Honeywell (NYSE:HON) is a $46.81 billion large-cap global technology and manufacturing company. The company has operations in the following segments: Aerospace, Automation & Control Solutions, Performance Materials, and Transportation Systems. Many of us have Honeywell thermostats in our homes. Some of its other products include: aircraft engines & systems, airport logistics, environmental & combustion controls, resins & chemicals, brakes for cars & commercial vehicles, and more.
It looks fairly valued with a trailing PE ratio of 23.09, a forward PE ratio of 12.15, and a PEG of 0.97. The stock is currently trading at 4.36 times book value per share. If the price to book ratio was under 3, I would consider the stock undervalued. The company grew approximately in line with its earnings for the past five years reinforcing this fair valuation.
Honeywell pays a respectable dividend of 2.4%. Although it does raise the dividend over time, the payout does sometimes remain stagnant for a few years before a new increase is implemented. The company does offer a DRIP (dividend reinvestment plan) for investor's convenience.
Honeywell has operating cash flow of $2.83 billion and free cash flow of $2.87 billion. Only $1.2 billion of the free cash flow is used to pay dividends, while the other $1.67 billion is used to grow the business. Total cash stands at $4.11 billion and total debt is $7.56 billion. The company has 1.31 times more current assets than current liabilities.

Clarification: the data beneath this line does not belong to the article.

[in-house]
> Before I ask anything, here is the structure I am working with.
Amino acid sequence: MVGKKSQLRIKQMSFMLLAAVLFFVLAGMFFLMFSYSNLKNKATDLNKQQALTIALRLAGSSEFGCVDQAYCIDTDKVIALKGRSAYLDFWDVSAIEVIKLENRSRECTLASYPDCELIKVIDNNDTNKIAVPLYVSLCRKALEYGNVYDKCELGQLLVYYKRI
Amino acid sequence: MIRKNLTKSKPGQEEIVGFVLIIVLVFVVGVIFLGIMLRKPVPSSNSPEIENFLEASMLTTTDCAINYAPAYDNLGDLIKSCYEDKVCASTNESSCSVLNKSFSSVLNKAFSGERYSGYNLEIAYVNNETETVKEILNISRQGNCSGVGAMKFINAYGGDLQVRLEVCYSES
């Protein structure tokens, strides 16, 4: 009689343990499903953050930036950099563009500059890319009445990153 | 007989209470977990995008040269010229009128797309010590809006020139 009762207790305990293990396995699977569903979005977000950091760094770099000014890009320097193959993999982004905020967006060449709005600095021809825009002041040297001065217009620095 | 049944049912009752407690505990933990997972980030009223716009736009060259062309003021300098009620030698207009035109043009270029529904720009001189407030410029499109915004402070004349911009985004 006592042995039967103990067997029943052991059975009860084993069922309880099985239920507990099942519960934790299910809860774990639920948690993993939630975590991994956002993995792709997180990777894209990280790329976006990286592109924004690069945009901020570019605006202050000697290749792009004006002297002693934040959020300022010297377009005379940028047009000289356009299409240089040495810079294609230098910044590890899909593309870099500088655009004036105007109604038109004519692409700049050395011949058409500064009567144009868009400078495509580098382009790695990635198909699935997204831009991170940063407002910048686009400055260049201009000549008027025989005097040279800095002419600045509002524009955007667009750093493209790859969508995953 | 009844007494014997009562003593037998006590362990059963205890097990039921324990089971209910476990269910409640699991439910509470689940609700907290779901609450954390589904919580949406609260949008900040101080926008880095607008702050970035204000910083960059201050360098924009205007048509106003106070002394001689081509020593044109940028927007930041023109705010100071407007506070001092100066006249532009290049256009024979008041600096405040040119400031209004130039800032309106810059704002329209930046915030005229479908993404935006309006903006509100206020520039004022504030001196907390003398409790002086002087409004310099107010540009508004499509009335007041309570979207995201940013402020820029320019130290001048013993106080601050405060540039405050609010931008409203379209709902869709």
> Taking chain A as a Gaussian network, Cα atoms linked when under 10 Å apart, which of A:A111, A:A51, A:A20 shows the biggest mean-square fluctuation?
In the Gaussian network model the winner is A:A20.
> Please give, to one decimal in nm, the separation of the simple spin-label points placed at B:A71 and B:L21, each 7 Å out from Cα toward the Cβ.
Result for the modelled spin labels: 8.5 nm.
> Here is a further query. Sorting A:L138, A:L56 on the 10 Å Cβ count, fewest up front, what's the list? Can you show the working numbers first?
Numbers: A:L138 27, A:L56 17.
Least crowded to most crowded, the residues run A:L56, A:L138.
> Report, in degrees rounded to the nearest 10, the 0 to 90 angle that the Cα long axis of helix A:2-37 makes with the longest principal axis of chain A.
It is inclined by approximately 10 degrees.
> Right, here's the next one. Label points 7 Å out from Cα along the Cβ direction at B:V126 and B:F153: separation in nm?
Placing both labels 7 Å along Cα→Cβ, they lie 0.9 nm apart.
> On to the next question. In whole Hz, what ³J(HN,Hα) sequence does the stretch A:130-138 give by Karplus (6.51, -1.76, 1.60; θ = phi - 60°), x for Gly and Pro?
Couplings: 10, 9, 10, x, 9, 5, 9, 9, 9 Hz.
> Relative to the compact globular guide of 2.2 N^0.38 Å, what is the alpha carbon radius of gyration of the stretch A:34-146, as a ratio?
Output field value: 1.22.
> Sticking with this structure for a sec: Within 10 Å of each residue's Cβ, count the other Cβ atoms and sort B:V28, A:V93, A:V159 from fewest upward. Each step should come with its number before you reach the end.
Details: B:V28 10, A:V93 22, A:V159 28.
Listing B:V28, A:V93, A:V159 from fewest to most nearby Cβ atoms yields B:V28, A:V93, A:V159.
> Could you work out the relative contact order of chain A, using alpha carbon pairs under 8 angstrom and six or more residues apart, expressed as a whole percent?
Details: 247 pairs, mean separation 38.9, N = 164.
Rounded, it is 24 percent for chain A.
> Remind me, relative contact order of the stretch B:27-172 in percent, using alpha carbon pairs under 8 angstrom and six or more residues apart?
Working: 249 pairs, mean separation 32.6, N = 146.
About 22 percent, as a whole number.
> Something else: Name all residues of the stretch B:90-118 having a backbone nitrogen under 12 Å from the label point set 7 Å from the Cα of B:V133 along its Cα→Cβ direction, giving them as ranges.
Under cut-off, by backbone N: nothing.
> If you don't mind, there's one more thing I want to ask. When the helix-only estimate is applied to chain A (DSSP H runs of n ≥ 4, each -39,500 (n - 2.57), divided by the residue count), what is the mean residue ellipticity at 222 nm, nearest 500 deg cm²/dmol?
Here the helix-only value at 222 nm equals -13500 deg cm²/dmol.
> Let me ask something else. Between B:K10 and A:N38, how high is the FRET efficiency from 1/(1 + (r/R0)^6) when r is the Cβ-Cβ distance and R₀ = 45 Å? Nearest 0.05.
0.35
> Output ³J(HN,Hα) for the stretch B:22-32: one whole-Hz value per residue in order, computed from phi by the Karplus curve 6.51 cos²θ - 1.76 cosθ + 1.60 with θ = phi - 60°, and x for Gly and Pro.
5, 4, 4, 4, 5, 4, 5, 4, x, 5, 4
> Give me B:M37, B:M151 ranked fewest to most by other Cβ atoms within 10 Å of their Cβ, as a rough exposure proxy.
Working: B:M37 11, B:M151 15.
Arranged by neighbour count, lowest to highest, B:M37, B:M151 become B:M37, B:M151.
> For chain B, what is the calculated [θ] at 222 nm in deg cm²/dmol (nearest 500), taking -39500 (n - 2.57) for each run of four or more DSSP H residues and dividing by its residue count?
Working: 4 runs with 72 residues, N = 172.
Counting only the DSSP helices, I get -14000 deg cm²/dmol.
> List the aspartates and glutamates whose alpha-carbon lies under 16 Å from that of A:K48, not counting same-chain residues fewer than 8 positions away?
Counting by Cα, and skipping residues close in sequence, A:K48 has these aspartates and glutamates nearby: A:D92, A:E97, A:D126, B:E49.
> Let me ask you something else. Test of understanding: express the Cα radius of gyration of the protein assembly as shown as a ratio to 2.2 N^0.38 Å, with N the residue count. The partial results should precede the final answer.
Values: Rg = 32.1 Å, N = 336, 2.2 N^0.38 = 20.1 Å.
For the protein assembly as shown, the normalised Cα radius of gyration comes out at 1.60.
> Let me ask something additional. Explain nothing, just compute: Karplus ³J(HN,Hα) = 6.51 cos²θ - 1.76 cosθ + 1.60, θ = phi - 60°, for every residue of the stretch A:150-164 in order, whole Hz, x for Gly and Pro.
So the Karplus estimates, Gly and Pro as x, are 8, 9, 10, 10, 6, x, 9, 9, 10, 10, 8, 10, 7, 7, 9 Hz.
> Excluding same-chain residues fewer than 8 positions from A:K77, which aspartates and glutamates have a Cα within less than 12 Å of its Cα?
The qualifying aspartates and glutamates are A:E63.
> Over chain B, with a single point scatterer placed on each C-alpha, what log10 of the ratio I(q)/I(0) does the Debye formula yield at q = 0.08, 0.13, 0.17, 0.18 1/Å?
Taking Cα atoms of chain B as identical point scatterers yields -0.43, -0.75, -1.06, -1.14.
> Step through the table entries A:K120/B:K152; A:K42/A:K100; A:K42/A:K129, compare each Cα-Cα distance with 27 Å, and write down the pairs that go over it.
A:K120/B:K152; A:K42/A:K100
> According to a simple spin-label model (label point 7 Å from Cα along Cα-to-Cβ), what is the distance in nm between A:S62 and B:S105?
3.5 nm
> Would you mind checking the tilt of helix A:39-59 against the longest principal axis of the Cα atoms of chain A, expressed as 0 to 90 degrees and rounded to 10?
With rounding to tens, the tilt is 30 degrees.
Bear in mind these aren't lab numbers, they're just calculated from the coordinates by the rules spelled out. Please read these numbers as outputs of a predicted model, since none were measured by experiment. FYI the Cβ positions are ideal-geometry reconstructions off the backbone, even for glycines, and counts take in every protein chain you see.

The earnings outlook is bright for Honeywell. It has two upward earnings revisions for 2013. Honeywell is expected to grow earnings annually at 14.17% for the next five years. This should allow the current stock price of $60 to grow to around $116 in five years. Since the company pays a dividend of 2.4%, investors should expect to earn a total annual yield of 16.57% over the next five years. Or, to put it another way, the initial investment should approximately double in five years.
Emerging regions comprise 20% of Honeywell's total sales. The company is seeing large increases in Turbo, Commercial Aerospace, UOP (Honeywell's refining and petrochemicals company), and Process and Building solutions, with an increase in sales of 20% in the fourth quarter for China, India, and the Middle East.
The Aerospace segment was another highlight in Q4 for Honeywell. Aerospace profit increased 40% in Q4 due to strong commercial aftermarket volume. Sales for the Performance Materials & Technologies segment (PMT) increased 24%. Advanced Materials sales increased 18%. Transportation Systems sales increased 10%, driven by sales of turbochargers. ACS (Automation and Controls) increased 4%, where the company saw solid global growth.
Honeywell is expecting total sales for 2012 to fall in the range of 4% to 7%. It is projecting segment margins to grow 15% to 15.3% for the year. EPS is expected to be in the range of $4.25 to $4.50 which should reflect a 5% - 11% increase over 2011. These projections already account for a downturn in Europe for the first half of the year.
The company expects better results for 2013 and beyond. It is expected to grow earnings at 11.9% for 2013. Earnings growth will continue to march higher in 2014 and beyond. This growth will be driven by strength in: commercial aerospace, process solutions, and its UOP business.
Overall, Honeywell looks like a solid, diverse, dividend paying investment that will beat the market over the next five years.
Additional disclosure: Although I don't own Honeywell individually, I may have a position as part of a larger fund within my retirement plan.